There are so many myths around fistula in our communities. Normally, women who are diagnosed with this problem face stigma and some endure shame and pain for the rest of their lives. The World Health Organization (WHO) estimates that, worldwide, up to two million women may be living with fistula. However, the stigma that surrounds the condition causes many cases to go undiagnosed and therefore untreated, sometimes for years or even decades. A lot of people talk about fistula but the general understanding of it is very limited and thus, we take a step back and ask ourselves: What is it really like to live with fistula?
What is Fistula?
Obstetric fistula is an abnormal opening between a woman’s vagina and her urinary tract or rectum, resulting in the leakage of urine, faeces, or both. This debilitating condition is most often caused by obstructed or prolonged labour, and is directly linked to early marriage and motherhood, FGM/C, and a lack of access to high-quality healthcare.
Amref Health Africa’s Intervention
Fistula being a crying out loud case for a lot of suffering women who are mostly scared of getting out and seek help, Amref saw the necessity of making an intervention and changing these women’s story to a better version. Amref Health Africa provides holistic care to women living with fistula in Tanzania. Working with local partners, we provide surgical repair, ongoing psychosocial support, along with entrepreneurship training and seed funding so that women can start up income-generating activities, boosting their confidence and helping them achieve financial independence.
The women we work with are extremely brave: having survived physical and psychological trauma, many go on to work as ambassadors, supporting other women who are living with fistula and addressing stigma in their communities.
Given that decision-making in all matters at a family and community level is predominantly made by men in Tanzania, it is important to involve. At family levels, men are the main decision-makers, including on key issues such as when and where to seek healthcare services.
A woman who lived with Obstetric fistula since 1961
Tabu Ngeleja is one of our very interesting beneficiaries: not just because of her age, but also her courage to live with her condition for decades. Tabu’s story begins with the fact that she got married in 1960 at a very young age and became pregnant instantly. Now seventy-five years old, Tabu Ngeleja lives in the Buchosa district of Mwanza region, and for the first time in many years she felt relieved after having a fistula repair surgery and is now in recovery stage.
In 2020, an Amref outreach team from Mwanza visited Buchosa communities to raise awareness about fistula treatment and prevention. On this trip, they met Tabu, an elderly woman who had lived with fistula for almost 60 years. While talking to her trying to find out how her society reacted to her problem, with tears in her eyes, she recalled by saying…
“They said to me, are you bewitched?”… she paused and added, “the society including some members of my family stigmatized me” – but people were wrong about Tabu’s problem. Tabu, like many other women in our communities, had no idea of the existence of fistula and did not believe that she could be treated as people said that she was bewitched.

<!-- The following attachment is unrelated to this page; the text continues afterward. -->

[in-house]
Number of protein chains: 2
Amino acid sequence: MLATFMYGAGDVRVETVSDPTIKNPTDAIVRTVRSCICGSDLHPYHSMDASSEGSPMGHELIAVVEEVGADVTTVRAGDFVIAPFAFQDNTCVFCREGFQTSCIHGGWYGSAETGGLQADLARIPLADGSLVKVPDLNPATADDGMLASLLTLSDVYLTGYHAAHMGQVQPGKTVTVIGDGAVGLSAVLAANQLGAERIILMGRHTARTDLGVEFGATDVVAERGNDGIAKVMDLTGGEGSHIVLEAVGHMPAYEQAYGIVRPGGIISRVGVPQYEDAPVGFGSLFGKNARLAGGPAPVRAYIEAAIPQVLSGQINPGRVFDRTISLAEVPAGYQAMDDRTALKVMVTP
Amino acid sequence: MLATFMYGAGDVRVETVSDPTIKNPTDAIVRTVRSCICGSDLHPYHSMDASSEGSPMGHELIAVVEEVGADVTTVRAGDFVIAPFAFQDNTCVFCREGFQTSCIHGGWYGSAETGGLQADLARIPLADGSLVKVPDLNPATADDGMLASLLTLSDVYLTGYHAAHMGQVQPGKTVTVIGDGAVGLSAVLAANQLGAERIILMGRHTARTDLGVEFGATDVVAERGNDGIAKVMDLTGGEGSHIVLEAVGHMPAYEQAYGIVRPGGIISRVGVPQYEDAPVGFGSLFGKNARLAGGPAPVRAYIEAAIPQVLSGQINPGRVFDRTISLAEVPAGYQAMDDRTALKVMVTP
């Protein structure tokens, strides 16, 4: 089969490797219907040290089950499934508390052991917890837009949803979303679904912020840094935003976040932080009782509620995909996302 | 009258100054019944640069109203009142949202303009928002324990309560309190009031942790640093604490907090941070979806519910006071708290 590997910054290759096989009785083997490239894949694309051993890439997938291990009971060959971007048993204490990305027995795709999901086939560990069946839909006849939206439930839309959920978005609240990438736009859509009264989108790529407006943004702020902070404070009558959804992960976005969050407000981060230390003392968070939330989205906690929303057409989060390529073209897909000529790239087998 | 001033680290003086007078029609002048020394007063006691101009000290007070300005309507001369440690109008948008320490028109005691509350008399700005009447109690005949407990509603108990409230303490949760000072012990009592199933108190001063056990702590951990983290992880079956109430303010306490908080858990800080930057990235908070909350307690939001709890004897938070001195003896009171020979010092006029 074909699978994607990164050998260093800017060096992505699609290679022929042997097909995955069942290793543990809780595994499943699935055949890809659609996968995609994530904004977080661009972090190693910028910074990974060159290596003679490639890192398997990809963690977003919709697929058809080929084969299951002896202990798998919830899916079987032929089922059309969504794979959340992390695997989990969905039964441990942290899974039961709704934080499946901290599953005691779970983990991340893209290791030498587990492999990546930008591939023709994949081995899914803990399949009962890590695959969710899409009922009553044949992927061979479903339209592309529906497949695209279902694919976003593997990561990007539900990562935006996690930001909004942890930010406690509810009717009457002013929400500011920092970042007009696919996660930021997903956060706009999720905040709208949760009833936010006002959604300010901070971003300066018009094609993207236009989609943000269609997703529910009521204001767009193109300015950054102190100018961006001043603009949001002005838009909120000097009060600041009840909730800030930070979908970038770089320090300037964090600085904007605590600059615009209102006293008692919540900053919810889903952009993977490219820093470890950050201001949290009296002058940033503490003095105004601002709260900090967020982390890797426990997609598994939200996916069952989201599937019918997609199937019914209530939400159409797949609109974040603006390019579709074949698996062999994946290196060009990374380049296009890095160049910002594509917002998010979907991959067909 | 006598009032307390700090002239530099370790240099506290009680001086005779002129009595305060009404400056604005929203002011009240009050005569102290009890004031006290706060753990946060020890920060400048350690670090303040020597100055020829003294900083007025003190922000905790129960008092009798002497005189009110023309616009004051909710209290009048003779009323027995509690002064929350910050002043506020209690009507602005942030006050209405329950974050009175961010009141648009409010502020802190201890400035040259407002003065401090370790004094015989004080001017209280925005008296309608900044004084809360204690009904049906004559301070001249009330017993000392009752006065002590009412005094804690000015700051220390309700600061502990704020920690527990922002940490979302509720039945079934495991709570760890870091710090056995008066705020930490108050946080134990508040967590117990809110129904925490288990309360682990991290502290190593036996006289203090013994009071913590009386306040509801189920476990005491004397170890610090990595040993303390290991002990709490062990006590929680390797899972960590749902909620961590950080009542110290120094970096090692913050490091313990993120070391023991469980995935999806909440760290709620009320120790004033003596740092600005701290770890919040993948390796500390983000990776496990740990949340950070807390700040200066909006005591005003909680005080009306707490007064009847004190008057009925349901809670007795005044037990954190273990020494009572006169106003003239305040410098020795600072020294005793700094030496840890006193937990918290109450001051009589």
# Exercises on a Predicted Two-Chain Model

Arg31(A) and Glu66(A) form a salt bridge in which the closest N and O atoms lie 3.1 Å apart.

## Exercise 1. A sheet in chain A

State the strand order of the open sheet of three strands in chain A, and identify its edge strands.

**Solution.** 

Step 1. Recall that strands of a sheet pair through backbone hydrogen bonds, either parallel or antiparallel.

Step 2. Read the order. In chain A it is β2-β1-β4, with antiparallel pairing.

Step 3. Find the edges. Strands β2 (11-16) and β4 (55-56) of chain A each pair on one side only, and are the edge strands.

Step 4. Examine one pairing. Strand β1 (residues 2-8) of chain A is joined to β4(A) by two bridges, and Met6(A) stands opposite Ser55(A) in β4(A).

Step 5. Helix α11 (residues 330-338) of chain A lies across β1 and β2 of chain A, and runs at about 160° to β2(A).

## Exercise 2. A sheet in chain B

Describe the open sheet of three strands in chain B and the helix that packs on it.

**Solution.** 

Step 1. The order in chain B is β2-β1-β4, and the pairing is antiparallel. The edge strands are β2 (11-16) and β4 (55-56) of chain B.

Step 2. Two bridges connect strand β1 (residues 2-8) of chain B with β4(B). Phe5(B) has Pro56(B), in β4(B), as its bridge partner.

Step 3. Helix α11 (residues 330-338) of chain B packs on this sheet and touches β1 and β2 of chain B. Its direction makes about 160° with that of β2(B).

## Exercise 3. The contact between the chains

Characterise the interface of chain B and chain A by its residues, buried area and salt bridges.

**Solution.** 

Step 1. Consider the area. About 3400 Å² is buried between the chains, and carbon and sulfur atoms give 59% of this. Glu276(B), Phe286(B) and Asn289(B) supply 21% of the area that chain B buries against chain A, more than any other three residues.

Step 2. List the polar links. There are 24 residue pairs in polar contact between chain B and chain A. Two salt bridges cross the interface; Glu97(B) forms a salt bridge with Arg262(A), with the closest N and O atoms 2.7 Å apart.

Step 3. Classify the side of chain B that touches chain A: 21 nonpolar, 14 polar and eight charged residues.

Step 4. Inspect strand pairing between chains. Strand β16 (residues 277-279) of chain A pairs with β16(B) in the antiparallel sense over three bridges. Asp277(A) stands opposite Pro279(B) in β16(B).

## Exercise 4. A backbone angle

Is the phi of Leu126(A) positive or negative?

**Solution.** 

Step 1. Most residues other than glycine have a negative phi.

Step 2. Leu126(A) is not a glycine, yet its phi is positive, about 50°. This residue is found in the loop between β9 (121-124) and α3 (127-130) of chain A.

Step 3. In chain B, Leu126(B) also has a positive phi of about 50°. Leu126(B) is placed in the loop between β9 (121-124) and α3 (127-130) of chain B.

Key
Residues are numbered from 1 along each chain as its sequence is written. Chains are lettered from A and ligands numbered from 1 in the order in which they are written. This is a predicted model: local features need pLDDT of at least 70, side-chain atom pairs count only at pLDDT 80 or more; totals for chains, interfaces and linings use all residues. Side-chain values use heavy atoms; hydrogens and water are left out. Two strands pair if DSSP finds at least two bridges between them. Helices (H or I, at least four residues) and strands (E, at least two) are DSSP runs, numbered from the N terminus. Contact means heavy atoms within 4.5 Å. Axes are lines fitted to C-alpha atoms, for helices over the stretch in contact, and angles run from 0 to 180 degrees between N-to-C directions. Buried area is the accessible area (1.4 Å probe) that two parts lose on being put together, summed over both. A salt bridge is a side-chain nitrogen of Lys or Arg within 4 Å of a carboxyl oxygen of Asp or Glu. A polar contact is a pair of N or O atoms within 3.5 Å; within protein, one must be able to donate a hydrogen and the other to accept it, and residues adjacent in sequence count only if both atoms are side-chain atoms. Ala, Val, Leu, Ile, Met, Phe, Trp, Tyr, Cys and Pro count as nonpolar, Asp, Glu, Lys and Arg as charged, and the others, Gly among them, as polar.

The most painful thing that women living with fistula end up having over the years is the total loss of self-esteem and confidence in themselves as women. Tabu said, “I am no longer beautiful enough to impress men to get married again, I am at home such as a statue why should I go now for treatment?” She asked, “I lived with this problem since Tanganyika got independence [in the 1960s]. My son was the one who convinced me to go and get treatment, after he got education from the Amref outreach team, I could not believe my problem would be cured. He told me even his wife insulted him, saying that, “Your mother is urinating on herself, it’s shameful for us.” Tabu’s world was full of isolation and pain and nobody deserves to live such a life.
After learning about the available treatment options, finally, Tabu agreed to go to Bugando Medical Centre, where her fistula was successfully repaired. Tabu also benefited from Amref fistula program, she receives an ongoing psychosocial counselling, equipped with entrepreneurial skills, and introducing her to community support groups.
With this support, Tabu has resumed her social activities, like attending church and community meetings. She is now an ambassador for fistula in her community, helping to combat the stigma that many patients do face. She is supporting herself by keeping sheep, using the skills she learnt during her entrepreneurship training.
Amref understands that, when these women are cured, their economic stability is as important as their health and so the entrepreneurial program is an important element to them.
When she was asked to give her message to women, Tabu advised that, “Women should not get scared, because after 60 years with the problem, I’m now OK”. With a wide smile on her face, she appeared cheerful and joyful.
Amref Fistula programme is a partnership between Amref Health Africa UK, Amref Health Africa Tanzania, Magu Poverty Focus on Older People Rehabilitation Centre (MAPERECE), and Bugando Medical Centre, funded by The National Lottery Community Fund.
Since the beginning of the project in June 2019 to date the project provided 118/180 fistula surgical repairs, which is funded by other donor out of which, 114 already received entrepreneurship training and 105 provided with seed capital to start income generating activities as part of social economic empowerment. A few who did not receive seed capital had relocated from project area and cannot be easily reached.